The taskforce welcomed the long overdue attention on childcare, but there was scepticism about its short-term impact. McTague noted that providers had already been cross-subsidising costs for younger children and the new system may present challenges for meeting demand at the level of funding being provided. Bartlett was more optimistic at the direction of travel, seeing it as the “start rather than the end”. He hoped that the signal from the Chancellor that childcare issues were now taken more seriously would mean addressing supply-side issues in the childcare sector and realising those benefits across the economy. Douglas Chapman, the MP for Dunfermline and West Fife, echoed this sentiment, noting the experience in Scotland when childcare was expanded, and the need to build-in capacity over the medium term. “It’s probably not going to have the immediate impact that you would want in terms of getting people back to work,” he observed.
A positive was the desire of members to embrace trading opportunities abroad, but many felt more attention on advice and support was needed here. Caton felt that her business, Brighton Gin – “as a manufacturer that uses a lot of energy and is looking to expand internationally” – had little to focus on. “For those looking to export, the first step is to have a solid foundation in the UK,” she added. Shalom Lloyd, the founder of skincare company Naturally Tribal Group, agreed. She felt that the image of British businesses abroad being ready to export that she had seen while on trade trips was not matched by the domestic support needed to ready them to take that step. “More attention on breaking down barriers and guiding businesses is needed,” concluded Jonny Haseldine, policy manager at the British Chambers of Commerce.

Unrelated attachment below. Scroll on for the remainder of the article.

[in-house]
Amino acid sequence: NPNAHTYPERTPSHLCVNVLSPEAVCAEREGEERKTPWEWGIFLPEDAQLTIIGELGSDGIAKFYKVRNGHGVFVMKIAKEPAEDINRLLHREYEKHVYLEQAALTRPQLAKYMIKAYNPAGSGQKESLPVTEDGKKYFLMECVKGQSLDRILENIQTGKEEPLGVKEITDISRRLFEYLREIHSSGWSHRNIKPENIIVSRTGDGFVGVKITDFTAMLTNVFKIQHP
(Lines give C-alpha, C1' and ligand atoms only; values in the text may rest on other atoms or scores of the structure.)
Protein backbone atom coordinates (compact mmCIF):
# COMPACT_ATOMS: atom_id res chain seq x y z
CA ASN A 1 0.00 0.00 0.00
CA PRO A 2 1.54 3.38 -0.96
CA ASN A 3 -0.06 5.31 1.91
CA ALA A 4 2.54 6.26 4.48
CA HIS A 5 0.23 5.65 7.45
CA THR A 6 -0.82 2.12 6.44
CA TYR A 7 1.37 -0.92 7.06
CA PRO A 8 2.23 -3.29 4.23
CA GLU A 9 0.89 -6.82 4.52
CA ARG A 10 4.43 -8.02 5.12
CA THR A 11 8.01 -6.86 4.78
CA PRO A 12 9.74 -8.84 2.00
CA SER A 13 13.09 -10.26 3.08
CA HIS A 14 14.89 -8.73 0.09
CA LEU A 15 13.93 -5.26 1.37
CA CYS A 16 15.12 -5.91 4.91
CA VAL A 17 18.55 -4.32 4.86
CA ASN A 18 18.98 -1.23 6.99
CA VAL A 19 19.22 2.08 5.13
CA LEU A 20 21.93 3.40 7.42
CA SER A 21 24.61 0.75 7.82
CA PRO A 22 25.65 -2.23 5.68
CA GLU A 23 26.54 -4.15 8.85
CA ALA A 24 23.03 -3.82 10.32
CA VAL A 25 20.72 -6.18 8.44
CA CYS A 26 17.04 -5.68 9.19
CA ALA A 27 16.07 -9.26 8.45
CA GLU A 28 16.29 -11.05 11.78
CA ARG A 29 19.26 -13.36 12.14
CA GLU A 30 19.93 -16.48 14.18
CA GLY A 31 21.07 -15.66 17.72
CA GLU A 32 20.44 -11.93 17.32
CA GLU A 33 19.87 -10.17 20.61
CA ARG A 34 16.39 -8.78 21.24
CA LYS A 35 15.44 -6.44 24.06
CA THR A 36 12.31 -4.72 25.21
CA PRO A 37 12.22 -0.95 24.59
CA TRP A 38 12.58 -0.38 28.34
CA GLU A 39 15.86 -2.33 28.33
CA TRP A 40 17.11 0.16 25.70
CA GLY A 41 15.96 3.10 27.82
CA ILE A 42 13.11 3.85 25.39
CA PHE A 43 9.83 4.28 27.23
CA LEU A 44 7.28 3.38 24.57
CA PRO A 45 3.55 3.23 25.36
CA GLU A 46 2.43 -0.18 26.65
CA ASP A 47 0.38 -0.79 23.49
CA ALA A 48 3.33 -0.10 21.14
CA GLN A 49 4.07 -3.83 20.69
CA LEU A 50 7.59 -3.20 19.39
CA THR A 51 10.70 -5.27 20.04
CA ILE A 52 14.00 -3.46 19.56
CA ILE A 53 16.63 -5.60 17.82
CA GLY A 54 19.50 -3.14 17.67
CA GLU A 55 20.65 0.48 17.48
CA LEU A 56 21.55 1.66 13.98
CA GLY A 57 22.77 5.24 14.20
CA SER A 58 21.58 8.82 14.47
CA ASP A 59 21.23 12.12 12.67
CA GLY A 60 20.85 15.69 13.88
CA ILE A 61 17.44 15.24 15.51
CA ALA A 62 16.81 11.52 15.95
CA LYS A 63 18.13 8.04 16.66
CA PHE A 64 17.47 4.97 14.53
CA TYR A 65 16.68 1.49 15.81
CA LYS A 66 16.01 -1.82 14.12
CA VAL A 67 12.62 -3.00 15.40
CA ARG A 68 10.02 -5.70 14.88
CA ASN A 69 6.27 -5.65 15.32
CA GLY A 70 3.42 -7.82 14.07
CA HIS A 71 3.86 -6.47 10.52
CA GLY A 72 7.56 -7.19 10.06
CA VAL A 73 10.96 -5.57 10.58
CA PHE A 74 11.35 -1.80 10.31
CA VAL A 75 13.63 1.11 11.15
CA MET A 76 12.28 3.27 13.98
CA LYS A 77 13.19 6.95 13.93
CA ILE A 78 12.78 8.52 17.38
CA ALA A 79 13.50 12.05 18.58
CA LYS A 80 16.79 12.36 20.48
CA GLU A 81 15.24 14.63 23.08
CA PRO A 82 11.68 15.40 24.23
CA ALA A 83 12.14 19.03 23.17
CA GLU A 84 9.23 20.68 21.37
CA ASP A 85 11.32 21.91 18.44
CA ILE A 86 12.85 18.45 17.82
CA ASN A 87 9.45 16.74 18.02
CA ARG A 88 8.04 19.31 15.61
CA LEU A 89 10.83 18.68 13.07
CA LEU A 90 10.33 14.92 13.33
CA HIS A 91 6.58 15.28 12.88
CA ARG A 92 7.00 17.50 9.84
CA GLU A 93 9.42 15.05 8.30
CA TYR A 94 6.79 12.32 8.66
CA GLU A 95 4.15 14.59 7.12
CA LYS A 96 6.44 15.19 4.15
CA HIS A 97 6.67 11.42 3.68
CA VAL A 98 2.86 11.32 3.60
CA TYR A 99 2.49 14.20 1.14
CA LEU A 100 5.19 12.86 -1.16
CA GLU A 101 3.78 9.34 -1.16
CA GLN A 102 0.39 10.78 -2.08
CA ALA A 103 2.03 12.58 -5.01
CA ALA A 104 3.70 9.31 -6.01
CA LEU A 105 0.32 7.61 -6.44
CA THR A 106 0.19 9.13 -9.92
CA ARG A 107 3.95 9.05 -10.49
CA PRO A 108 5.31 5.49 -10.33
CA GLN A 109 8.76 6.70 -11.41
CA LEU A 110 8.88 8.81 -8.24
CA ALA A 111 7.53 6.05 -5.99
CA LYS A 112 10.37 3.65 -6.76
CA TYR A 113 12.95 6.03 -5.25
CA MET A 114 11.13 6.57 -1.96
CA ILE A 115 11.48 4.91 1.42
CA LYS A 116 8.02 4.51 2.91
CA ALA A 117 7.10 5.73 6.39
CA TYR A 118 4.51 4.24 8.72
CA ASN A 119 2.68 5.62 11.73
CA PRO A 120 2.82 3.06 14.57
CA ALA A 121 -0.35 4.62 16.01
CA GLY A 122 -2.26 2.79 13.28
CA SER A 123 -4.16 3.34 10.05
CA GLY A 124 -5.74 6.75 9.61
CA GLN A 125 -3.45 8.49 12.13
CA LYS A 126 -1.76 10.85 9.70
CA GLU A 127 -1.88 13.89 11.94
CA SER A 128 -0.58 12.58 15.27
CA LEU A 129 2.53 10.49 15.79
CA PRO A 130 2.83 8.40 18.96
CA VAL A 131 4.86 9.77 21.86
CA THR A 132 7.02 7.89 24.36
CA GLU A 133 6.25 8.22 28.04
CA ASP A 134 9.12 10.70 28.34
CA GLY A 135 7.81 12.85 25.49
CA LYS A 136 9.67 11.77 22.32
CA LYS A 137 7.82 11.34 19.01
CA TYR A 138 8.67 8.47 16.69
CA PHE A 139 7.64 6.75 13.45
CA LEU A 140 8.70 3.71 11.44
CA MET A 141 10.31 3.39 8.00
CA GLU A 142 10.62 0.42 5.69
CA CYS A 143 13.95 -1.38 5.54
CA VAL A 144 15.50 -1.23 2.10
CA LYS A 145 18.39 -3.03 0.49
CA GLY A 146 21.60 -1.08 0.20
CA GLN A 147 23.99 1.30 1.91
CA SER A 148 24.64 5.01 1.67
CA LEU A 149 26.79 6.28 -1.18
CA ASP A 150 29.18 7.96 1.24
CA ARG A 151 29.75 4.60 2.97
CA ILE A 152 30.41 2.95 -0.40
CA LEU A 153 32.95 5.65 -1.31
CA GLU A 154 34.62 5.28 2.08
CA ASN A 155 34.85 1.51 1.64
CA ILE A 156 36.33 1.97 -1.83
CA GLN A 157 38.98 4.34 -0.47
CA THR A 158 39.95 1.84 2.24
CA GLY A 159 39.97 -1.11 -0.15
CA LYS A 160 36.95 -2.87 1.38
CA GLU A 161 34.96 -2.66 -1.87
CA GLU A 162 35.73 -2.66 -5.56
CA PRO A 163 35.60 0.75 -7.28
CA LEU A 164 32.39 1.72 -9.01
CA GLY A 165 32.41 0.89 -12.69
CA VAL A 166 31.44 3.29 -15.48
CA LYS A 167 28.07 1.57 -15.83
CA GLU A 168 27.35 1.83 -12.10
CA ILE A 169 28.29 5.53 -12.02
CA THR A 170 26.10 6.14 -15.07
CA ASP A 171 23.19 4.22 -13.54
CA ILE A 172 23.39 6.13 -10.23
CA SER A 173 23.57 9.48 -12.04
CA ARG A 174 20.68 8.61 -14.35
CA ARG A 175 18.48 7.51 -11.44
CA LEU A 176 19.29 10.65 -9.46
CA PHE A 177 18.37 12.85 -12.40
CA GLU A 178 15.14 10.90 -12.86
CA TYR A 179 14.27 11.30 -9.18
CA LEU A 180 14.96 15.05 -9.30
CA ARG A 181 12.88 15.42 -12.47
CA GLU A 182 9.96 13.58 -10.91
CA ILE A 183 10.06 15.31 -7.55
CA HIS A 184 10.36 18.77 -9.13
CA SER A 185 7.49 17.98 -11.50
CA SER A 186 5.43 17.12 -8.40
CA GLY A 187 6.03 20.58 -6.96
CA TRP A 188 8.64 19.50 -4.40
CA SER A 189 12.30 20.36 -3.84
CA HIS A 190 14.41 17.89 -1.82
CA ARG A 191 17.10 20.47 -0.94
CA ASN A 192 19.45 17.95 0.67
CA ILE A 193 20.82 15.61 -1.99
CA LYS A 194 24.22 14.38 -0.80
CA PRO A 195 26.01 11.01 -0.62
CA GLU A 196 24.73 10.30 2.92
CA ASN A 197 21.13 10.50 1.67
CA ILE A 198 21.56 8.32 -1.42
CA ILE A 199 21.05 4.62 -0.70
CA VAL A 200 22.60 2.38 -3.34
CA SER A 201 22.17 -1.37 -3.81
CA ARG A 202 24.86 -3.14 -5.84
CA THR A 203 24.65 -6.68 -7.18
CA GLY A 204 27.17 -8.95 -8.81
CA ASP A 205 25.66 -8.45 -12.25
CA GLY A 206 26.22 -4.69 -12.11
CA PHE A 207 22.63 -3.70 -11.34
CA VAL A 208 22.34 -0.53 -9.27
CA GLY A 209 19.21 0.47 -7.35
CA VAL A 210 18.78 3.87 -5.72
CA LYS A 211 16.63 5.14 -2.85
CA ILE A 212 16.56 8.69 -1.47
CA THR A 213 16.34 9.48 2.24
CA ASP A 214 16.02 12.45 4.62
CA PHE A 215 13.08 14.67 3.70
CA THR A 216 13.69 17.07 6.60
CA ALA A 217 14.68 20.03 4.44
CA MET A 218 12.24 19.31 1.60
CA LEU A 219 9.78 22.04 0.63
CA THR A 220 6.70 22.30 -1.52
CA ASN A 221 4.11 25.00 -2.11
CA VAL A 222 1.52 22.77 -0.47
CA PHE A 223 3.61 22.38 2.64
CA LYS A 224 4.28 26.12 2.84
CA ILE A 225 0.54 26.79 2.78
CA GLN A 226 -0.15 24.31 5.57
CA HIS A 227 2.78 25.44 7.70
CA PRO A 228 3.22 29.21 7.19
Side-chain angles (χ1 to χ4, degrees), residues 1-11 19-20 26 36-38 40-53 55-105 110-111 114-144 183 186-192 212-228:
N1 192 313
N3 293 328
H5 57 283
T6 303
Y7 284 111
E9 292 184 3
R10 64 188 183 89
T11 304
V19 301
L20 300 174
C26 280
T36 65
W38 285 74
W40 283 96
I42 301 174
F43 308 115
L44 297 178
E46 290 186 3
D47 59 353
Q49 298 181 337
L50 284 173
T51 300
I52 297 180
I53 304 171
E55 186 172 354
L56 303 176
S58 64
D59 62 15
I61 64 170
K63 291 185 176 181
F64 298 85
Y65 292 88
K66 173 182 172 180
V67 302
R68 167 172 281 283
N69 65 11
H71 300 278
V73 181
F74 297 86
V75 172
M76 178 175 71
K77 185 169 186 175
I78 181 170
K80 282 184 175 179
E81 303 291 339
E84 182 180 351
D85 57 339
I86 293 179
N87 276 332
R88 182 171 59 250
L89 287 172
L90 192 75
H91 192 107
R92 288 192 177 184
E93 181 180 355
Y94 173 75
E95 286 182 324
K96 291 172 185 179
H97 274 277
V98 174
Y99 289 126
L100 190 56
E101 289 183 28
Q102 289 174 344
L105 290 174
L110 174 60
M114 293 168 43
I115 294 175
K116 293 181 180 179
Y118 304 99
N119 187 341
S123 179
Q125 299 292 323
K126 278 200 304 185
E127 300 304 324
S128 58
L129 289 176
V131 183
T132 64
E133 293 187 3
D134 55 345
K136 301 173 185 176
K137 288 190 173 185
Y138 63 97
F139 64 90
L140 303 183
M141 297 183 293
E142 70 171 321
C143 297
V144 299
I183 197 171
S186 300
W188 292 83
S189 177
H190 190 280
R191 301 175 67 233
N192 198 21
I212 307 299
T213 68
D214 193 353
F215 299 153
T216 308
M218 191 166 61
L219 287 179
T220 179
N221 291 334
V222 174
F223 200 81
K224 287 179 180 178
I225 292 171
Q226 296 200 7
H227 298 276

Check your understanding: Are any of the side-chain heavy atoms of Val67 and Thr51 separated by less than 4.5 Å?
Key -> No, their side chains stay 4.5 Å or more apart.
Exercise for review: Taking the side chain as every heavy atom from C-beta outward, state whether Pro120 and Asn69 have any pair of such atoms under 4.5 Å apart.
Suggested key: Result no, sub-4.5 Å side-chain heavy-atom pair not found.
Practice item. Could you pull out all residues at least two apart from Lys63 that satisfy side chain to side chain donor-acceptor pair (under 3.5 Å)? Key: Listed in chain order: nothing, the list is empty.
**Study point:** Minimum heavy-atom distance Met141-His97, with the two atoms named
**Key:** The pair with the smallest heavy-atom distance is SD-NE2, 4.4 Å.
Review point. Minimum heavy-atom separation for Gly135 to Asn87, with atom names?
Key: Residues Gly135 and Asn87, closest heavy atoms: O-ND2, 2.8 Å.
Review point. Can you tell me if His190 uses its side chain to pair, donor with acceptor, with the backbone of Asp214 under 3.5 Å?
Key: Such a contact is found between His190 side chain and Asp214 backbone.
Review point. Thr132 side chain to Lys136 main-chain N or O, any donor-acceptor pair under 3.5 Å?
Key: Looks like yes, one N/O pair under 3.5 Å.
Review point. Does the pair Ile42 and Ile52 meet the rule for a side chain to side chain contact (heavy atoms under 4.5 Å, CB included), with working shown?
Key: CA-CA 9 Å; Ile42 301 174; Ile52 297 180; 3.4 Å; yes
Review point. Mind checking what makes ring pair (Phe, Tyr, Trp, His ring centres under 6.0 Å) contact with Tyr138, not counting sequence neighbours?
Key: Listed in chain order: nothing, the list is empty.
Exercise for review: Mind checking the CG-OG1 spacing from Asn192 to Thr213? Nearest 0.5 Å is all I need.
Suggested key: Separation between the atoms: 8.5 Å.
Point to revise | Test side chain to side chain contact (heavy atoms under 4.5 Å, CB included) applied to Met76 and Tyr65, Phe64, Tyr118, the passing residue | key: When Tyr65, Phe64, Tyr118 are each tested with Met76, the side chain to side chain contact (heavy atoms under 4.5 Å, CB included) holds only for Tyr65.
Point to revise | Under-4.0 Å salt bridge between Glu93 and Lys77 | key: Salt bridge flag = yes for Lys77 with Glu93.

A unanimous view among members was that constant and repeated changes to the support landscape for businesses was causing confusion and harm to their growth prospects. “An entrepreneur doesn’t have the time to engage with a new system every six months, which leads to them just not engaging and losing out,” said the Federation of Small Business’s McTague.
Personalisation of support was viewed as a key pillar that government should embrace. Irene Graham, CEO of the ScaleUp Institute, drew the distinction between what support should be available for startups, scale-ups and mature businesses. Andrew Harrison, head of business banking at NatWest, pointed to bank research showing that under 5 per cent of SMEs participate and benefit from support programmes. A one-size-fits-all model was seen to be ineffective by the taskforce.
A collaborative approach between government and industry to find what worked well was vital, argued Graham, pointing to the varied success of regional growth hubs. Enterprise Nation‘s Thomason agreed that “we’re coming up with the solutions, but government now needs to do their bit as well and actually implement some of these solutions”.